This project won the 2013 Architizer A+ Jury Award in the farming category. See the full list of winners here.
More than 400,000 people in Chicago live in food deserts—that is, areas without grocers that stock affordable fresh food. In 2011, Architecture for Humanity Chicago joined forces with the nonprofit Food Desert Action to transform a decommissioned Chicago Transit Authority bus into a mobile produce market. The project cleverly repurposes a strategy well known to Mr. Softee (and his younger, hipper cousin, the taco truck) for the cause of food justice. In fact, the Fresh Moves Mobile Produce Market makes so much sense that we're embarrassed for everyone who never thought of it (ourselves included!). And so are our A+ jurors, who, naturally, awarded Fresh Moves the jury prize in the Architecture + Farming category of the A+ Awards.
To retrofit the bus, Architecture for Humanity Chicago assembled a pro bono team led by local architecture practice Latent Design. From a universal access standpoint, using a city bus was a brilliant stroke, since it was already equipped for wheelchair access. Inside, the architects repurposed the bus aisle as a grocery aisle and replaced the seats with 5-foot-wide custom shelves capable of supporting 200 pounds of produce. They also modified the bus's battery to supply electricity for refrigeration and card readers for LINK, the city's food-stamps program.
The mobile market serves the food deserts on the south and west sides of Chicago, and runs four days a week with several stops per day. Food Desert Action, the operator of the grocery, treats each stop as a micro-event in its own right. The stops are usually at schools, community organizations, and housing complexes, which partner with Fresh Moves to offer pop-up programming such as educational workshops and cooking classes. Fittingly, the front of the bus is tricked out with a bike rack, which brings a blender and exercise bikes to each stop. "These partnerships take the experience beyond the shell of the stationary bus to an activated public space," writes Latent Design principal Katherine Darnstadt.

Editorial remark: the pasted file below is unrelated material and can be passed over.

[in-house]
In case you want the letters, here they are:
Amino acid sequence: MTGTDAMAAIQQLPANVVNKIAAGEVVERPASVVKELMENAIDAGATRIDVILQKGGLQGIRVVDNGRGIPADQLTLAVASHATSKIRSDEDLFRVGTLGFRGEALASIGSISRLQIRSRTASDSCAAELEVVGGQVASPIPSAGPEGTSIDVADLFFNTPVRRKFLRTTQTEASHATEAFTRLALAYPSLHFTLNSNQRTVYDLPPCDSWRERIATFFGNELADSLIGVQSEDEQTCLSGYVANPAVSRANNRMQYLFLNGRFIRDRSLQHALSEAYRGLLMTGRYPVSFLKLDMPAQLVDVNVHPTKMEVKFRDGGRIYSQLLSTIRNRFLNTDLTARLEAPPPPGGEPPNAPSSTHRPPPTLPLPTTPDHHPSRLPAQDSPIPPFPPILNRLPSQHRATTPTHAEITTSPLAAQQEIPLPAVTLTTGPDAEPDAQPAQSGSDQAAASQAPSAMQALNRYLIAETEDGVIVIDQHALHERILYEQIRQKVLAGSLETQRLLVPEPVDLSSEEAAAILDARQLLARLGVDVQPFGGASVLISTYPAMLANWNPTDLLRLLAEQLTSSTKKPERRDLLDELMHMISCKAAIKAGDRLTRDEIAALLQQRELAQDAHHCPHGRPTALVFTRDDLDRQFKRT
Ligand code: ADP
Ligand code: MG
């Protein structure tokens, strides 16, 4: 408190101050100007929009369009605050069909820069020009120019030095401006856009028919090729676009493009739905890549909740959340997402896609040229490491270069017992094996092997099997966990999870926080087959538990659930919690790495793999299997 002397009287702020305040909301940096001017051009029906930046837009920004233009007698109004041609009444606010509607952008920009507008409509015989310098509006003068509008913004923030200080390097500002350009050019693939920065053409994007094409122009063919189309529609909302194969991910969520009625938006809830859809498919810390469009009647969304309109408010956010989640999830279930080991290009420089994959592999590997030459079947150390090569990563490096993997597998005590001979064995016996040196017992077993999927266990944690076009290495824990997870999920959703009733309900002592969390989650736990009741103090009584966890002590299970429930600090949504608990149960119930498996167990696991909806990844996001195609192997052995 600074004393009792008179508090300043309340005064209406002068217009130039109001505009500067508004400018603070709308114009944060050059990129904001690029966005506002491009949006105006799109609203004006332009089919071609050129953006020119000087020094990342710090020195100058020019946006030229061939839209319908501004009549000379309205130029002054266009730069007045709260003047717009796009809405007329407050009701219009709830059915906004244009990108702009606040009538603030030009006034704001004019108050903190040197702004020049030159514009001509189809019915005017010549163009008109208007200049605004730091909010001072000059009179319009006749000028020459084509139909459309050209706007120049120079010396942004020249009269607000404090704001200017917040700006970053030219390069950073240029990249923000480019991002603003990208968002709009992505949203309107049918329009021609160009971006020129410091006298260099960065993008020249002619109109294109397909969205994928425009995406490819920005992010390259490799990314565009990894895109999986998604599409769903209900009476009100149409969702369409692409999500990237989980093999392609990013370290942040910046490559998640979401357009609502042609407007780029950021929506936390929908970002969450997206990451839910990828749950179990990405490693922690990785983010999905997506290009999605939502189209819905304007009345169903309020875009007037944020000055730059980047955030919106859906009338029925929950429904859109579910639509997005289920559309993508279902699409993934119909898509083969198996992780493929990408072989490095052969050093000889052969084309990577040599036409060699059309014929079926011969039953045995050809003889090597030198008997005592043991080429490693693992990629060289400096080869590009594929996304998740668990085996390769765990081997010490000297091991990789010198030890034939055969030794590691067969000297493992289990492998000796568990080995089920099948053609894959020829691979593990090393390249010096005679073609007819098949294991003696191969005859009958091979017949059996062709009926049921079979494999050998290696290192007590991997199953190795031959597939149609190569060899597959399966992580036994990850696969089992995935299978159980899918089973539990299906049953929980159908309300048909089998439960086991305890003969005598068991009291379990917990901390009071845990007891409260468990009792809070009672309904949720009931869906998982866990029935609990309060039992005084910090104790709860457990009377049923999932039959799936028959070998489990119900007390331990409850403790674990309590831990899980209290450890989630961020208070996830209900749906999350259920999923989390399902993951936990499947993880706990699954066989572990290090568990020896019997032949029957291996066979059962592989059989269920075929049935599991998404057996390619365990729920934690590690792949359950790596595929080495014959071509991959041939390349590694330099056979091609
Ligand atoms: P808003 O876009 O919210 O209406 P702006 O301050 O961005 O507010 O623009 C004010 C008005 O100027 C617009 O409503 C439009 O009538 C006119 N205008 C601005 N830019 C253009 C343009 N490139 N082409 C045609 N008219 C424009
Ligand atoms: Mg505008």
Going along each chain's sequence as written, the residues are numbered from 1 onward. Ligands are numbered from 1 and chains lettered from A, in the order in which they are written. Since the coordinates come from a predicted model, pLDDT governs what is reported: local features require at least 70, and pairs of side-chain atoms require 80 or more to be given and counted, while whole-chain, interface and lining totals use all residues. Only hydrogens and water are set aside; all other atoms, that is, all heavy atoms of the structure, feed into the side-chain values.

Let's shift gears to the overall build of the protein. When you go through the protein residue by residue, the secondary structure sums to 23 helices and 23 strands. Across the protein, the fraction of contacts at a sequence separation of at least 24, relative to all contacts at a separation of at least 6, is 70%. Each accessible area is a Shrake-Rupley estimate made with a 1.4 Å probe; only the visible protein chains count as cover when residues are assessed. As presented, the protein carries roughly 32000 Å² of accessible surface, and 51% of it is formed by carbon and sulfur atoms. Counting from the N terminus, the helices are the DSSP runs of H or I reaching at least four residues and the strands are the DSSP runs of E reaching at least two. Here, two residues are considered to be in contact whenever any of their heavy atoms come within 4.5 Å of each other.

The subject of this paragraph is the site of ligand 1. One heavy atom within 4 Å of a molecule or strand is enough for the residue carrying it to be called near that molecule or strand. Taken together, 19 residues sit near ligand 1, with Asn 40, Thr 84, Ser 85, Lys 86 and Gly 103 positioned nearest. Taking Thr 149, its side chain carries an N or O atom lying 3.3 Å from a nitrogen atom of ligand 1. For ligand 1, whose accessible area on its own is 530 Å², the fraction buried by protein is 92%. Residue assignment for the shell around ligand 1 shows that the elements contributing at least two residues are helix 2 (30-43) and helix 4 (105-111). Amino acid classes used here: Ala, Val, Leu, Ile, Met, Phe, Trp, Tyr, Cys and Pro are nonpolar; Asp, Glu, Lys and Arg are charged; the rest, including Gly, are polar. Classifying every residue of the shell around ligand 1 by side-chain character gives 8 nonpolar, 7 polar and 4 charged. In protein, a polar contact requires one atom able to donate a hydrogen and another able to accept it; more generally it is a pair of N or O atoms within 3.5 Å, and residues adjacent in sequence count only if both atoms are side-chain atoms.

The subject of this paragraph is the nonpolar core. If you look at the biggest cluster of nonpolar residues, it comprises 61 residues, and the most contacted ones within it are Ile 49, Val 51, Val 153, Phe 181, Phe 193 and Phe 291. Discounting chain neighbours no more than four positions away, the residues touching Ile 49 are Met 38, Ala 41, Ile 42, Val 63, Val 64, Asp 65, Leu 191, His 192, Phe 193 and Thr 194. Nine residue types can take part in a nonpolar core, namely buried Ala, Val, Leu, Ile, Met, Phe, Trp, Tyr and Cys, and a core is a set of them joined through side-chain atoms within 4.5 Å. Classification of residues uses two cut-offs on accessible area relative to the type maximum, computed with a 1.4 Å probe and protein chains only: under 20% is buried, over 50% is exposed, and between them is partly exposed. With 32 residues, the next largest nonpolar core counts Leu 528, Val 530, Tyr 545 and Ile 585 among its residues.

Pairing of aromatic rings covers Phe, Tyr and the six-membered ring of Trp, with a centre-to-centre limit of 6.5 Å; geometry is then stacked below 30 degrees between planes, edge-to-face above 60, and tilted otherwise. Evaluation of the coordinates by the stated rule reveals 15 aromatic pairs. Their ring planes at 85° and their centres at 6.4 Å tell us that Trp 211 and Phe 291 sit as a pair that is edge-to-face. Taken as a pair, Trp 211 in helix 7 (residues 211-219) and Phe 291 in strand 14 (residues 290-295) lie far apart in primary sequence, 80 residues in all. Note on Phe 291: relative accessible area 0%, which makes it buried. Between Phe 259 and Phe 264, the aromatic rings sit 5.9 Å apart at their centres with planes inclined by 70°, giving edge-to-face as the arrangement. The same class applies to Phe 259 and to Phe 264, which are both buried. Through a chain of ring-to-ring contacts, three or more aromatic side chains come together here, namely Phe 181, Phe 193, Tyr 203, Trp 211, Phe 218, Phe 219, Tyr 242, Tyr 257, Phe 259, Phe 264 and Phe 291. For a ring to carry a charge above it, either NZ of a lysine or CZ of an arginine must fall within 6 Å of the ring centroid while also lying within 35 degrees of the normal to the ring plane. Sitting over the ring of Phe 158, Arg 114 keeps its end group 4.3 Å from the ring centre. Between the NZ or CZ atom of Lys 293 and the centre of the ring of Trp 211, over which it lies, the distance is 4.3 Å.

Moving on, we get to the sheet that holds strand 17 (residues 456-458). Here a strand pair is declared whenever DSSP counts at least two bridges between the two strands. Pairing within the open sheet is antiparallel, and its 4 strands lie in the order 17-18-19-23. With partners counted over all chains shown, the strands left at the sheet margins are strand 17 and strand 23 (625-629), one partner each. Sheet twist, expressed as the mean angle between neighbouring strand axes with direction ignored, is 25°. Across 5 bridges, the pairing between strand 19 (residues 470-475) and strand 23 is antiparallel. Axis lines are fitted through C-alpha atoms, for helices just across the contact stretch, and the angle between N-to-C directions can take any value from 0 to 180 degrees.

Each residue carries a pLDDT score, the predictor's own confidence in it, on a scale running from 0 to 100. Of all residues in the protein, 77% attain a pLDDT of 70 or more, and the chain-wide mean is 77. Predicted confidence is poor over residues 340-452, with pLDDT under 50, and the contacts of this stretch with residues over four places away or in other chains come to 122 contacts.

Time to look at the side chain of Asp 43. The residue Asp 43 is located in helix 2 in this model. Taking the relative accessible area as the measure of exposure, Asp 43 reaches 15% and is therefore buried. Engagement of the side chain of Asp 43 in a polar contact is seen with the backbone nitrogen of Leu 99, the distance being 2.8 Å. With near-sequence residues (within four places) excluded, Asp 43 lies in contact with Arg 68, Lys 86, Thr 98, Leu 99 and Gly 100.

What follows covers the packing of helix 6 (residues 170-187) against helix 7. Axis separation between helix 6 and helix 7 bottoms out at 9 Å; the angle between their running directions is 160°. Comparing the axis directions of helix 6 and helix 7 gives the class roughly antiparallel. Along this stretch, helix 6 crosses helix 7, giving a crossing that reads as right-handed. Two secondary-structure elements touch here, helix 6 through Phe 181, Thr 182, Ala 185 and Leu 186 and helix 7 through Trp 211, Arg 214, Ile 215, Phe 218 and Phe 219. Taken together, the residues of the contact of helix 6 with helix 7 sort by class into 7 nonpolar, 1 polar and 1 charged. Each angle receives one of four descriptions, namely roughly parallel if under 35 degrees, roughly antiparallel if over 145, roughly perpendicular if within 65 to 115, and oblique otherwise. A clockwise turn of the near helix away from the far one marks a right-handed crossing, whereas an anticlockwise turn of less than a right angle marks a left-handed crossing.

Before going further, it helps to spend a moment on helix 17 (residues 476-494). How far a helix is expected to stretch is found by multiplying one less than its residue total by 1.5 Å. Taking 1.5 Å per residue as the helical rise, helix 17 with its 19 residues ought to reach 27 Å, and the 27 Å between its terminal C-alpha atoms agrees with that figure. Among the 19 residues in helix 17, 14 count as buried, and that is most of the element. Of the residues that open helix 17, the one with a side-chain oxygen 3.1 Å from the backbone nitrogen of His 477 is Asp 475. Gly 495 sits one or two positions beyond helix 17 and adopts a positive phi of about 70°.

So far it's working. In its first year, Fresh Moves reached 11,000 unique customers, and the service is poised to grow even more. Last year the city donated a second bus to the project, while the U.S. Department of Agriculture awarded it $70,000 in funding.
Darnstadt explains that Fresh Moves addresses the pressing need for fresh food in the absence of brick-and-mortar groceries, which take time to develop. "A new model is required to restore food access rapidly to communities, with enough agility to reach the areas of highest need," she adds. "What’s most needed now may not be a grocery store at all, at least not in the conventional conception."
All photos courtesy of Architecture for Humanity Chicago